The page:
A weak upper low was situated above Mobile early this morning, and that weak upper low will be spinning for the next several days as it meanders around the northern Gulf coast and the Lower Mississippi River Valley. It should provide enough lift over Central Alabama to make showers and thunderstorms likely this afternoon and evening. Showers were few and far between this morning, but as the day wears on, I think we’ll see showers become more numerous with increased coverage. Temperatures should stay down somewhat because of the presence of clouds and showers with highs in the middle 80s.
Storm Prediction Center (SPC) is not forecasting any areas of severe weather today with only marginal areas in parts of South and Southwest Florida because of the presence of Erika – or what may be left of Erika.
If you have plans to head to the beaches of Southwest Alabama and Northwest Florida you will have to contend with daily shower chances for the week ahead. Temperatures along the beach from Dauphin Island to Apalachicola will be mainly in the upper 80s with morning lows in the middle 70s. Sea water temperature was running in the lower 80s with 85 being reported at Dauphin Island.
Then there’s Erika. Erika continues to defy forecasters as it moves nearly due west overnight. Erika remained disorganized as it continued to fight a hostile environment with substantial wind shear as well as the problems associated with moving over the rugged terrain of Hispaniola. The present projected track also means that Erika will have to deal with continued interaction with land as it basically moves northwestward right along Cuba. Erika is not presenting much of a wind or surge threat, fortunately, however, Erika presents a big threat in the heavy rainfall it will produce which may trigger landslides in Hispaniola and Cuba. If you can, read the forecast discussion from NHC which is peppered with words like “low confidence” and “difficult to locate.” NHC also did not issue any kind of watch or warning for Florida because of the tremendous uncertainty in the forecast of Erika, but I do expect to see some type of watch or advisory issued later today. Hopefully, an Air Force Reserve Hurricane Hunter aircraft will be investigating Erika later this morning and that data will help provide a clearer picture of Erika’s physical condition.
Getting back to the GFS and Central Alabama, moisture levels drop somewhat as seen by precipitable water charts, so the level and coverage of showers should drop back after today and Sunday. It will be difficult if not downright improbable to be able to pick which days have the best chances of rain. The weak upper low will meander around the Lower Mississippi Valley for much of the week ahead plus we’ll have to contend with Erika, where it goes and just how strong it will be. So the forecast for much of the week ahead will include a mention of showers as a possibility nearly every day.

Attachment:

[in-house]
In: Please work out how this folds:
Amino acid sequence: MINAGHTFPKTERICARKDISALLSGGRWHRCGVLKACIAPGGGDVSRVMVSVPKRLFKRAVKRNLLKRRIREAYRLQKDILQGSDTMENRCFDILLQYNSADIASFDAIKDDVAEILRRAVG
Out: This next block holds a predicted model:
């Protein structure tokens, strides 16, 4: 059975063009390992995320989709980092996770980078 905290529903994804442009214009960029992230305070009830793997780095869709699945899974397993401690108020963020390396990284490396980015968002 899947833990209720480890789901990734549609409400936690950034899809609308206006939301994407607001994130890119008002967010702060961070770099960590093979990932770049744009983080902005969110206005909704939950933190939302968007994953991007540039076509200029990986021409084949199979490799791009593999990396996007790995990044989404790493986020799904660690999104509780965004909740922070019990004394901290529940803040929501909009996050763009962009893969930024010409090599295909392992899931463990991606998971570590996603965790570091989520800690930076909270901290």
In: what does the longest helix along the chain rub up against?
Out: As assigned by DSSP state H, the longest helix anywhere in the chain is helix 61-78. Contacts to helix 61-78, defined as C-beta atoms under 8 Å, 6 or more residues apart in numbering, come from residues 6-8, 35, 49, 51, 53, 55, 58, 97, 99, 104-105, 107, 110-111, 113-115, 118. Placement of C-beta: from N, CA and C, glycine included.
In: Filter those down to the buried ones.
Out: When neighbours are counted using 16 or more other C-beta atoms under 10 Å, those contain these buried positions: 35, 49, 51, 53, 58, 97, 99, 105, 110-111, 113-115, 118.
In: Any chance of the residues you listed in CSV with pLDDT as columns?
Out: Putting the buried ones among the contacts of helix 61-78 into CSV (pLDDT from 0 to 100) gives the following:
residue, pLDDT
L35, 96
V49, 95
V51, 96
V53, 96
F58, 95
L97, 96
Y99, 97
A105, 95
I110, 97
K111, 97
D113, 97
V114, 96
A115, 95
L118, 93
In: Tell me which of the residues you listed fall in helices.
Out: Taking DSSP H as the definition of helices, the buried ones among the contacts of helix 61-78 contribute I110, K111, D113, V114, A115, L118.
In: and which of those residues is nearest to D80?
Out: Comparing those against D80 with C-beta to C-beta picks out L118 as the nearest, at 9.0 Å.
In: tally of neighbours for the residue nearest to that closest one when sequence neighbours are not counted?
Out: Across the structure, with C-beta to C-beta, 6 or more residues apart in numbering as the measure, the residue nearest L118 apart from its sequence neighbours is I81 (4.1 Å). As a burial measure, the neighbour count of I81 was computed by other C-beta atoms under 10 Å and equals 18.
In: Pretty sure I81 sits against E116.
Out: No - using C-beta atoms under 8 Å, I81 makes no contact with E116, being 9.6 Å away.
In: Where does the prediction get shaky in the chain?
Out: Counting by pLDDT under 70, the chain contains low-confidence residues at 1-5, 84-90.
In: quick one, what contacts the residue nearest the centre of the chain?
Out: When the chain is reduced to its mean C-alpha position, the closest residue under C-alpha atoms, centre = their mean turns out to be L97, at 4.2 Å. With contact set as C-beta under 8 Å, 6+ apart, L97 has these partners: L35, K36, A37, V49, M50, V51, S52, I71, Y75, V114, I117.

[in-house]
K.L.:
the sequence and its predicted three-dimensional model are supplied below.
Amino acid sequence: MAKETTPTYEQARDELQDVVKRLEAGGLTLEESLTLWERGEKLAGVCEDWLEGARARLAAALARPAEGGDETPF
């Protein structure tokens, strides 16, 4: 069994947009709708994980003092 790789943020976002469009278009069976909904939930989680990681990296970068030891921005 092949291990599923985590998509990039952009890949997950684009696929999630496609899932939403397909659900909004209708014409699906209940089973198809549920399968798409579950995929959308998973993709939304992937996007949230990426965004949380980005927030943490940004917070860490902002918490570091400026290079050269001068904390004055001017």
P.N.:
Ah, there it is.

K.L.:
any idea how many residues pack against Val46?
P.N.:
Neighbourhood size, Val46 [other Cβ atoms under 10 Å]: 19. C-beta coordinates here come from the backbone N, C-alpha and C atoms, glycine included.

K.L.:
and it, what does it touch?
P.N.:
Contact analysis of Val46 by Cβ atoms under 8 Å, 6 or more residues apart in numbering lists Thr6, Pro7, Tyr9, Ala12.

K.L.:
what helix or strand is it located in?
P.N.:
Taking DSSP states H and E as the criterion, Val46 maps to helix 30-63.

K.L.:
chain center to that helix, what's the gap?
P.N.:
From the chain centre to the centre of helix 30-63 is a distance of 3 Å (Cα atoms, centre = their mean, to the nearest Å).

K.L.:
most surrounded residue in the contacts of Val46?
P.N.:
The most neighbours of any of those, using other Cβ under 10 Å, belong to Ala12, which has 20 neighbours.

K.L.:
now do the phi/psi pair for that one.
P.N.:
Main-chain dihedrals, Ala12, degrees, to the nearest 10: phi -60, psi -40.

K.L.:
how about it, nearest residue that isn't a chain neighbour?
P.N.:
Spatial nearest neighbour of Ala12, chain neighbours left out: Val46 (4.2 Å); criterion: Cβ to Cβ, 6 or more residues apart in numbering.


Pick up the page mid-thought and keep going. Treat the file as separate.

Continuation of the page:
The good news from this scenario is that temperatures should stay mainly in the 80s. We could hit 90 or 91 again but that will depend on just how much cloud cover we have and how many showers develop in the heat of the afternoon.
The forecast uncertainty is not limited to the GFS guidance either. I browsed through a little of the ECMWF output and found that it, too, was having trouble discerning a track for Erika.
I’ll be keeping a close eye on our weather today, so you can check back here for later updates on what the weather holds for us. The next Weather Xtreme Video will be posted here on Sunday morning. Have a great day and Godspeed.
Strong storms over northern Shelby County near Pelham are moving northwest into the southern part of Jefferson County.
The peach colored polygon is a Significant Weather Alert.
They are not severe, but they are causing lots of lightning. The thunder is very loud. Rain is torrential as well, potentially causing some minor flash flooding.
It is affecting the Hoover HS game at the Met right now. Same for the Pelham-Thompson game.
It will take at least half an hour for the storm to move out of the area.